4. The American Academy of Pediatrics states that “children are not ready for formal swimming lessons until after their fourth birthday,” but to teach your baby or toddler to “love the water.” (AAP)

All babies, especially when they’re enrolled in formal lessons, need free playtime in the water to explore and discover; plenty of positive experiences are the key to developing a love for the water.

A few of the points to consider while weighing your options are:

  • Time and money: time commitment & cost of infant swim lessons
  • The style and intensity of the program and instructor
  • Your baby’s stamina… swimming quickly makes babies hungry, tired, and cold

Personally, I prefer to keep our daily schedule simple and streamlined, so adding an extra class to our week – along with packing towels and swim diapers, preparing snacks, laundering towels and drying swim suits, time in the car – didn’t appeal to me when I had an infant. Molly continually progresses through supervised play and guidance in the bathtub anyway; if she didn’t, I’d reevaluate our situation.

Swimming lessons for babies and young toddlers entails consistent supervised time adjusting to sensations in the water and practicing guided positions. Babies can practice these foundational skills in the bathtub.

Devote bath times to getting comfortable in the water. In true comfort with water, one will develop trust, a sense of safety, and a healthy respect for it. I have tremendous faith in the effectiveness of play as a “teacher” and that babies learn in their own time when offered the opportunity to move through the right experiences. In our world, this means the majority of the time in the bath is hers to play while I watch closely, support, and occasionally coach her and keep her safe.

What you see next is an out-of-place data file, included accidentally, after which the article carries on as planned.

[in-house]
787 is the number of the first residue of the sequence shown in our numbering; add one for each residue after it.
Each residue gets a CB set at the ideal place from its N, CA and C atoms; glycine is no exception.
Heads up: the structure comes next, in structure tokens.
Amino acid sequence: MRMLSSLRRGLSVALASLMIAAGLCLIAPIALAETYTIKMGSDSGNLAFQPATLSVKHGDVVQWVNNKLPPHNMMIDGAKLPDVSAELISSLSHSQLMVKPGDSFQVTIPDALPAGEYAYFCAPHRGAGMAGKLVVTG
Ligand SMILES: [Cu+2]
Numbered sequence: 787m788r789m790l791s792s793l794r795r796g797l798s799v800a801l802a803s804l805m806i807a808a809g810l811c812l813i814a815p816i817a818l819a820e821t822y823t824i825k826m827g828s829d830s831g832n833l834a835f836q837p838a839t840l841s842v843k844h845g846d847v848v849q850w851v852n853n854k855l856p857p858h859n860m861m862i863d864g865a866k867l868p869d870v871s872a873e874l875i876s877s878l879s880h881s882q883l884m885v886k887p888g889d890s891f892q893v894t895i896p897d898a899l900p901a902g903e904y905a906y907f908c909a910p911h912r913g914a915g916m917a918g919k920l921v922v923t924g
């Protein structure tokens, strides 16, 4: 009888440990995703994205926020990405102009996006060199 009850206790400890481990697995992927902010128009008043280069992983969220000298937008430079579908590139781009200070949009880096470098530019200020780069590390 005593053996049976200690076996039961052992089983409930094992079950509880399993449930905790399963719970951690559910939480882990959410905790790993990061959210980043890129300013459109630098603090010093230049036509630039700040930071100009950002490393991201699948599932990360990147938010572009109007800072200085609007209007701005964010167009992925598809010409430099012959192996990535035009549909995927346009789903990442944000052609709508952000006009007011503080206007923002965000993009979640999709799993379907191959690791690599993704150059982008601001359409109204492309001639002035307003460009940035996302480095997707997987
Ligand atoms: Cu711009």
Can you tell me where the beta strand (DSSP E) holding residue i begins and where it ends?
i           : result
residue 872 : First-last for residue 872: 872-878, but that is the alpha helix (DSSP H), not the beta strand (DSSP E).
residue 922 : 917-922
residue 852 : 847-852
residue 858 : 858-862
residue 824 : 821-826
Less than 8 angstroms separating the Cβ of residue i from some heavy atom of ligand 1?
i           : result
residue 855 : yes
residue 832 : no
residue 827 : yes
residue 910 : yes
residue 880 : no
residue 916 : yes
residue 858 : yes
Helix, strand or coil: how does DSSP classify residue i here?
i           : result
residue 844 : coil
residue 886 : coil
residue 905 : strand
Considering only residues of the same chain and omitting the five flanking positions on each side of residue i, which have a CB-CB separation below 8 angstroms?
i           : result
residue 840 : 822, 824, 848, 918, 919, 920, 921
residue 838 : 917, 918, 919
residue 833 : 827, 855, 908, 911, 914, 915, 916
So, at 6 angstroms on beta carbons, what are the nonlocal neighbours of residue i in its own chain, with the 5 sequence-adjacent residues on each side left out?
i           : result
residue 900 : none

Playing in the bath supports building foundational skills and confidence in the water, both in preparation for swim lessons and as a supplement with infant swimming lessons.

Hopefully the hows and whats and whys are reflected here in my posts on the Pool Mom blog and on Instagram. I want you to have the tools to feel confident and purposeful about baby’s bath time, too!

If you want to know more about formal lessons, there are some great programs for infants these days that offer a variety of structures, from one-on-one instruction to small group to budget-friendly (larger group.) Swimming with your baby and an instructor can be a wonderful bonding experience, whether you’re a working parent who wants to build in an activity to do together, or a mom or dad who wants to build up their own confidence baby-handling in the water with a certified teacher.

Infant swim lessons will not replace the benefits of frequent supervised playtime and guided practice in the bathtub.


Loving that water life

{Side note: swim skills and water safety are life-saving, regardless of where you live or your personal sense of urgency on the matter. The fact that you are here tells me you’re probably feeling the right amount of urgency. 😉 Let me also add that my family lives in the Pacific Northwest where our club swimming pool opens in mid-May and closes mid-September; Molly isn’t at-risk for falling into a someone’s pool on the daily. I can’t say how I’d feel if we lived in a sunnier climate where everyone had backyard pools and year-round heat, but this circumstance influences the tone I take in my writing.

All babies benefit from consistent supervised playtime in the water to develop a foundation for learning to swim. We use our bathtub to facilitate teaching these early skills, and hope you’ll give the ideas on Pool Mom a whirl.}